I walk in the direction of home.
I know the path paths where you live, where sometimes I got to live, a place where sometimes we would walk to together along this path.
I think you’re there now.
I stop in the yogurt place, like we would. I don’t wait for you to try a gross flavor like Black Cherry. I order something. I walk out.
I remind myself: I don’t live at that place anymore; I don’t belong on that side of the street anymore; I don’t have reason to cross that way anymore. I dissect the large and overwhelming triangular intersection with fresh, wide eyes, unsure of where to turn. Staring at the blinking, red hand, I am unbalanced, and my spoon falls to the gravel.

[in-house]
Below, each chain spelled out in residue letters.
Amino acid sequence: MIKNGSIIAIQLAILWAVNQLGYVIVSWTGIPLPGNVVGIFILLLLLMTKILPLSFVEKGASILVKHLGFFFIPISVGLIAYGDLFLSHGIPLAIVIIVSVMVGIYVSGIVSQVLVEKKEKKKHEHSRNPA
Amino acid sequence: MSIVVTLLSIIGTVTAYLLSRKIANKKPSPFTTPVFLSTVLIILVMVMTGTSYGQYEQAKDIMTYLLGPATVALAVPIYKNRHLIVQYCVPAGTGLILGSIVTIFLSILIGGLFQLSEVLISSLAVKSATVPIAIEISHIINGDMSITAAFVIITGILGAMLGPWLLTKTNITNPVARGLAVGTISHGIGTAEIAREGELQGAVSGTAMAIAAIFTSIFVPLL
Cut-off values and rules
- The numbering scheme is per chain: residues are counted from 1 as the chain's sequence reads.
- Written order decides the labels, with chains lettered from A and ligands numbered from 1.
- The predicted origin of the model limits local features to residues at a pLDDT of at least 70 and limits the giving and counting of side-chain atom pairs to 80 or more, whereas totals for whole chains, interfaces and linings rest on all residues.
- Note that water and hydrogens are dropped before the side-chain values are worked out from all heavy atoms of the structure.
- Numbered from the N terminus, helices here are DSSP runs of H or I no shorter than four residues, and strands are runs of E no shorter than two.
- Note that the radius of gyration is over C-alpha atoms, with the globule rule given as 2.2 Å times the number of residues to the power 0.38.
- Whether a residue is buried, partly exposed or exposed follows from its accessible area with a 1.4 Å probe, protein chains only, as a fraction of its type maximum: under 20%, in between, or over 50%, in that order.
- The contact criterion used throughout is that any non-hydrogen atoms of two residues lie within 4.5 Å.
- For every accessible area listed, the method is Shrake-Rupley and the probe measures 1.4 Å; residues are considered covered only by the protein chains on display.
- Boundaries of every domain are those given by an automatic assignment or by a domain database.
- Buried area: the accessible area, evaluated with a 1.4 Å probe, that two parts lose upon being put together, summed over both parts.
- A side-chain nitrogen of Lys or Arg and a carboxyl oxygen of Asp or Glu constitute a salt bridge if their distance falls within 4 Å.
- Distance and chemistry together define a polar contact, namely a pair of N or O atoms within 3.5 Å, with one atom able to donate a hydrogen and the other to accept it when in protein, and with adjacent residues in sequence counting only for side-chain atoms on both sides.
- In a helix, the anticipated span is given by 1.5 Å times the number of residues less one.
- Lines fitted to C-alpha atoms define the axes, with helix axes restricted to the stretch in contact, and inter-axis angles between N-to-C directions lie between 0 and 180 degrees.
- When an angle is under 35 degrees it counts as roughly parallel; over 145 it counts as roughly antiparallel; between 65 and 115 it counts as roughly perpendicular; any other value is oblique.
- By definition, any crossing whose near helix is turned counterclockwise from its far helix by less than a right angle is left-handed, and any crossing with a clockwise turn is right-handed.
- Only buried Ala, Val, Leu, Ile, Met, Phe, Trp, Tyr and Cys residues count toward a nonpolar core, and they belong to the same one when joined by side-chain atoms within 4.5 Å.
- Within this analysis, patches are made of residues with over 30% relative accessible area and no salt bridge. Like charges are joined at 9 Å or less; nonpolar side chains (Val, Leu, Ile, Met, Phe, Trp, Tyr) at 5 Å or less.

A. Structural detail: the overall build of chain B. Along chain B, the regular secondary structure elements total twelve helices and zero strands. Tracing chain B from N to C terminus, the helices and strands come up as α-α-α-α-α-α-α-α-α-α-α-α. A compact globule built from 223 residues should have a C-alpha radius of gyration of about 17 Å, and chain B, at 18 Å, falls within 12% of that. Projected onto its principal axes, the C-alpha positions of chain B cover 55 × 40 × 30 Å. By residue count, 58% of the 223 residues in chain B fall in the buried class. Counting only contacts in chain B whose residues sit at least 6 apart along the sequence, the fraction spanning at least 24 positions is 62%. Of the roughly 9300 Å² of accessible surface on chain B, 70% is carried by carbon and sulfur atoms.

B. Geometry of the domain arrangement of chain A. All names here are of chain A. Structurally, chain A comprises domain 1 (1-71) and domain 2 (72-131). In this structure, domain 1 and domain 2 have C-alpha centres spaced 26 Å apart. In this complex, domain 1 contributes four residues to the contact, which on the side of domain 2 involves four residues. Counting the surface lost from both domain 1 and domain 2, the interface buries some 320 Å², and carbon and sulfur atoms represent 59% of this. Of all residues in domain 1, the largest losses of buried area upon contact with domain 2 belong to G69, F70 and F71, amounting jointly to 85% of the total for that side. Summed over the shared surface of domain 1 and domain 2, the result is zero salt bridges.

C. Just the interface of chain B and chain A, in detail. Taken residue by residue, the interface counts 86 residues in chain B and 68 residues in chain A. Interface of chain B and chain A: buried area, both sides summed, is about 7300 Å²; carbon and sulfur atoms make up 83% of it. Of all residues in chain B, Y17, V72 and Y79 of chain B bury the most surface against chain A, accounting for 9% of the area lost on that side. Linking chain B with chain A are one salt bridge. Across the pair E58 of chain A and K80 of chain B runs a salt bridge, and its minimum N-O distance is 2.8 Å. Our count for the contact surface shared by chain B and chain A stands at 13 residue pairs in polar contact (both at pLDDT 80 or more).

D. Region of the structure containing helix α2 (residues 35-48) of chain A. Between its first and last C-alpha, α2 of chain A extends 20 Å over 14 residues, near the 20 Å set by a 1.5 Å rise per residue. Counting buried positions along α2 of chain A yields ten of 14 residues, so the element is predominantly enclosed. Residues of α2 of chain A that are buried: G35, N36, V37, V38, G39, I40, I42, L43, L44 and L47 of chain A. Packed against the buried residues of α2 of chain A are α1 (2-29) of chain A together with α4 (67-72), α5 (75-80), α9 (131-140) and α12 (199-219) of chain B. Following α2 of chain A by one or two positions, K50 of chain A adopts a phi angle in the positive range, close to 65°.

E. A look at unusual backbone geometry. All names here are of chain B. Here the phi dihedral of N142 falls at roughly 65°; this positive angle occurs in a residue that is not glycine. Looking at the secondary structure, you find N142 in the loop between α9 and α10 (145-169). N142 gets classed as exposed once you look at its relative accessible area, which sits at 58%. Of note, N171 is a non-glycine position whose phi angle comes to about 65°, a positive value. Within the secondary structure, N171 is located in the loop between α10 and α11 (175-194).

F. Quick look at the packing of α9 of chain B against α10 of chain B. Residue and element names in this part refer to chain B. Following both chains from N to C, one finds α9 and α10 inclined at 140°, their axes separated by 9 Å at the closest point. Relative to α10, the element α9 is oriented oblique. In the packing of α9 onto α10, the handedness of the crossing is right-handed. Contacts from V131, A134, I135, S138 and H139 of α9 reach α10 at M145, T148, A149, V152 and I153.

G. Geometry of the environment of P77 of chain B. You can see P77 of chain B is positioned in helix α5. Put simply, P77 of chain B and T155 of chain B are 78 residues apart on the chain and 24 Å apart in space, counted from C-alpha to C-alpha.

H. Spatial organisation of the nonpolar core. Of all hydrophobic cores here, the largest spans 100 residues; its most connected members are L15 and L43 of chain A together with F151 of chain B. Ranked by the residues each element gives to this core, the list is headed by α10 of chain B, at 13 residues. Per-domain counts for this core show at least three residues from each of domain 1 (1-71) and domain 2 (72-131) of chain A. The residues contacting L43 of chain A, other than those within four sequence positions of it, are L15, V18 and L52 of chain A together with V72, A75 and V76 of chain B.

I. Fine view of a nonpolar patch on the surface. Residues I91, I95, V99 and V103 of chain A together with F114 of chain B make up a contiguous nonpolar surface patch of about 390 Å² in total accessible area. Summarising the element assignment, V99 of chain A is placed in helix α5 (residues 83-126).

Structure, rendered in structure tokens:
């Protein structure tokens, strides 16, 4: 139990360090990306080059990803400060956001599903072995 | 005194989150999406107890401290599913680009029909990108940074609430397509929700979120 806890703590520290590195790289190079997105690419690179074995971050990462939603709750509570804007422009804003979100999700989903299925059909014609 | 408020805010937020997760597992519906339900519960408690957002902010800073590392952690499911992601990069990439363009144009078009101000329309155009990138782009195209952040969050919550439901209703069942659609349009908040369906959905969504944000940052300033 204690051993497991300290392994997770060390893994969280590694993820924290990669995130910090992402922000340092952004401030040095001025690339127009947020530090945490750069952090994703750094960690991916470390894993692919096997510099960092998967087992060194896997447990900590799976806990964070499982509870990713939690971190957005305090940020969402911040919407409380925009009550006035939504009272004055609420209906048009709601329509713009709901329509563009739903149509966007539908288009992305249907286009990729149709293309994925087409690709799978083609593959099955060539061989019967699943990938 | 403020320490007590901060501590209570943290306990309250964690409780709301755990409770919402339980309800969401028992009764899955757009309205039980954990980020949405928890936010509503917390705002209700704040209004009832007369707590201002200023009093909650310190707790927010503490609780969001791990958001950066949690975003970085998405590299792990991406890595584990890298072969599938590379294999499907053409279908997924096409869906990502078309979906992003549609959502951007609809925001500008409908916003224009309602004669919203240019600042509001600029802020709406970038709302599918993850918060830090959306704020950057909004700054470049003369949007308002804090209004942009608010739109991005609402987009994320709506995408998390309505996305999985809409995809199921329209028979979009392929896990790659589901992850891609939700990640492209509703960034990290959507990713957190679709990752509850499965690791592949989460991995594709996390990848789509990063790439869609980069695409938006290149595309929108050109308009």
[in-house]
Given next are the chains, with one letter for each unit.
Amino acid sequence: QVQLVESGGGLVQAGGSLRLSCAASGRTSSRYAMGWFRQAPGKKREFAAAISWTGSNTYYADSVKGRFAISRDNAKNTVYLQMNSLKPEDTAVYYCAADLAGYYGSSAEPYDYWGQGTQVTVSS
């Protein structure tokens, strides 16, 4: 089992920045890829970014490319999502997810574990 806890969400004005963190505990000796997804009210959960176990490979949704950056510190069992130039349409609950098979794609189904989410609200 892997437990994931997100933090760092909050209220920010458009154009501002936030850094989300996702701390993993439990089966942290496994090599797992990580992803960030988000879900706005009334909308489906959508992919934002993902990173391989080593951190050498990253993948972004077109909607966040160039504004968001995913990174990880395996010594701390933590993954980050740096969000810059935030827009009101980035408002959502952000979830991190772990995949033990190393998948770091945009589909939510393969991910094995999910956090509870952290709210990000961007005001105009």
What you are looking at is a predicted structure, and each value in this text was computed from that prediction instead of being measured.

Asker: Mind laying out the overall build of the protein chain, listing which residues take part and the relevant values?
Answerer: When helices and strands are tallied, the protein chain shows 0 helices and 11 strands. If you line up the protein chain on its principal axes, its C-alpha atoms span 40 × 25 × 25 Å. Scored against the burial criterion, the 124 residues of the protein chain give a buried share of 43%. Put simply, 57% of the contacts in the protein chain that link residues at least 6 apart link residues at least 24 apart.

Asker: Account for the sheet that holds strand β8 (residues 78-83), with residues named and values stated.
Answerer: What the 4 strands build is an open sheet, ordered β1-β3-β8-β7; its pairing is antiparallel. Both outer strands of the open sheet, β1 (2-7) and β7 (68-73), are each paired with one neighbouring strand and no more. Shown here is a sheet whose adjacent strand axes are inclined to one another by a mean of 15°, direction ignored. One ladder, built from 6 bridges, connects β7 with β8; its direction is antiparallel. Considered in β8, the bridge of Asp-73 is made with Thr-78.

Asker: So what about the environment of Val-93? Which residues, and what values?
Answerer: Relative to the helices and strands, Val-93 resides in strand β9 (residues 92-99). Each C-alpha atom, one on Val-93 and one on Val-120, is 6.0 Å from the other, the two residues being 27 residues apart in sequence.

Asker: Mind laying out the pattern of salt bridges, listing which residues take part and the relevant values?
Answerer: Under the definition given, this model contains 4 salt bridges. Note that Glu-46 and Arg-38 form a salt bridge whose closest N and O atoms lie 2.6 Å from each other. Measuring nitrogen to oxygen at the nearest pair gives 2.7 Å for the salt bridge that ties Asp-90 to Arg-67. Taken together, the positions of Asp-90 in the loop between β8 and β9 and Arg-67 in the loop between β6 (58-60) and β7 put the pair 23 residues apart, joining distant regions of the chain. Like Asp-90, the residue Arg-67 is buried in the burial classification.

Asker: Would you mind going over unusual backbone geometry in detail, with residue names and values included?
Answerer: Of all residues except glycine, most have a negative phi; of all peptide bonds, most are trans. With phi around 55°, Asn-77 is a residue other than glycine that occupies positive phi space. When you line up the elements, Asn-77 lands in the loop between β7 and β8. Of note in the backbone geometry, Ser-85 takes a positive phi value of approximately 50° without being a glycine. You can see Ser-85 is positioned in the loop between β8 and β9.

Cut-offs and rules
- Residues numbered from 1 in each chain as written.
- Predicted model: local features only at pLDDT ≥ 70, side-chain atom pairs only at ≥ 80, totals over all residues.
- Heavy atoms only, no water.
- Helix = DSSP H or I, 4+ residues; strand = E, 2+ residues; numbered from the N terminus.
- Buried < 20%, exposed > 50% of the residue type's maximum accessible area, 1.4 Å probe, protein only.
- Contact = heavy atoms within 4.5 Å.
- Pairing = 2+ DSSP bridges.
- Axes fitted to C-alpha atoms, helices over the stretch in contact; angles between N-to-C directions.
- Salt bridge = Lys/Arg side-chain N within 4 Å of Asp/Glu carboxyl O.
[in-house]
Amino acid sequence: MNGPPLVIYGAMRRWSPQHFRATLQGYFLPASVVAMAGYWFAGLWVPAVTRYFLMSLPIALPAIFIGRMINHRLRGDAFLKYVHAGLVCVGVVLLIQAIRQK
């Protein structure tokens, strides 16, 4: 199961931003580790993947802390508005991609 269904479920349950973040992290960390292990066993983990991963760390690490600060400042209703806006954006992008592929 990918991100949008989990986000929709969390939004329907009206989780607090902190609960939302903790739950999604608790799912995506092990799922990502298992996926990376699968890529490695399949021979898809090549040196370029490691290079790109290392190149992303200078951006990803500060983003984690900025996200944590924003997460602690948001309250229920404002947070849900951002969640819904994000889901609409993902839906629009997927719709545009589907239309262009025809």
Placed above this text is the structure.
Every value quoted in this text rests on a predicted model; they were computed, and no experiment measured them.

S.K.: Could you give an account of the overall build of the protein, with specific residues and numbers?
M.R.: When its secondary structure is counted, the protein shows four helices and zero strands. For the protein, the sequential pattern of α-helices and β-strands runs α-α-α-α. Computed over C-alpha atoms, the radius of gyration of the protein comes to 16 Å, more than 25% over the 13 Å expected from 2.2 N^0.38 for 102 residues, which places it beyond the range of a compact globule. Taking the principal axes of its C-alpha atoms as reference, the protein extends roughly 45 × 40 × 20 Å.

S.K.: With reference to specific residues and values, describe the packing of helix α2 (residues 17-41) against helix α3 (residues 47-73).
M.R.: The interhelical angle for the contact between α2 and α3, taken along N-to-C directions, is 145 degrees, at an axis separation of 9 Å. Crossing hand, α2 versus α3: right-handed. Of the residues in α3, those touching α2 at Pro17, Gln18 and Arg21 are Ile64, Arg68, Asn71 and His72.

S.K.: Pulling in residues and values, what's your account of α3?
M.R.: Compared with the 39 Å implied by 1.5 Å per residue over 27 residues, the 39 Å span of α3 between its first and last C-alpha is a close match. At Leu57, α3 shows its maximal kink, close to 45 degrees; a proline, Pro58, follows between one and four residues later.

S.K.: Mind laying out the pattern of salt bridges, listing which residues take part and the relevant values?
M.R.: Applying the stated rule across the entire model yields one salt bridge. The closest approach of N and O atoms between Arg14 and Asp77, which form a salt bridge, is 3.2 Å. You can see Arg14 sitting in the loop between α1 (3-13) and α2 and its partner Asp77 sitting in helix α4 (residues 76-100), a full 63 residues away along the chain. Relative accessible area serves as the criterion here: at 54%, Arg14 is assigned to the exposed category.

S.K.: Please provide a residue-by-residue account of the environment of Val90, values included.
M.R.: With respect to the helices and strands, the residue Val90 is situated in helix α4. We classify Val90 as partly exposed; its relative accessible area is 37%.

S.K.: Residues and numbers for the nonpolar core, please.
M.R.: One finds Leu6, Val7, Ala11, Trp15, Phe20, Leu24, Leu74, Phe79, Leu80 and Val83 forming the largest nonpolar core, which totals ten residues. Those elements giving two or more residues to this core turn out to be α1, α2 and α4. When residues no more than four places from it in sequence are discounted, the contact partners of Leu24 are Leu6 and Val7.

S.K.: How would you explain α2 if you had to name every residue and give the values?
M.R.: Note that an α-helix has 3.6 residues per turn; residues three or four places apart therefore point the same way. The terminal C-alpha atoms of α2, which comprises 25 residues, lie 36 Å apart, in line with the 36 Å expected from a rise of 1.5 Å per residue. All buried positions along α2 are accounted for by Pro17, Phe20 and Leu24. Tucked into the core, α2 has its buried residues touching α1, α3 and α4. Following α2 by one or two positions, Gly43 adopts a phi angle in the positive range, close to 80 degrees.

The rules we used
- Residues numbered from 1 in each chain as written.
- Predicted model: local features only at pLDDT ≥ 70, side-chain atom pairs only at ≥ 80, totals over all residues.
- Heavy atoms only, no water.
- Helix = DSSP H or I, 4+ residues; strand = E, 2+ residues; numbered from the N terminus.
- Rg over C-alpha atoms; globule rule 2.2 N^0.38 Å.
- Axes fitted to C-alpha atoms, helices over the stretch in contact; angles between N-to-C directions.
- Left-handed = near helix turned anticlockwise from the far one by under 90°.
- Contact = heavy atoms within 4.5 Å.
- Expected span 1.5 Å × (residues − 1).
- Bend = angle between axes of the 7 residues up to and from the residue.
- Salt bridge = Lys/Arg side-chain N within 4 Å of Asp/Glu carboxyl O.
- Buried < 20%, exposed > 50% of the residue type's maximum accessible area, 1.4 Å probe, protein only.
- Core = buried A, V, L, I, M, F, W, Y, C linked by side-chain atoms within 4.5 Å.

I pick it up. Three miles to go; your sink within three minutes reach. I imagine texting you with this emergency: “Please, I need to wash my spoon before the froyo melts!” I laugh at how perfect the incident, the perfect anecdote of your perception of a flighty, silly me.
It’s a cold and misty Monday night in March. No one walks from Harvard to Boston. The sidewalks are all mine.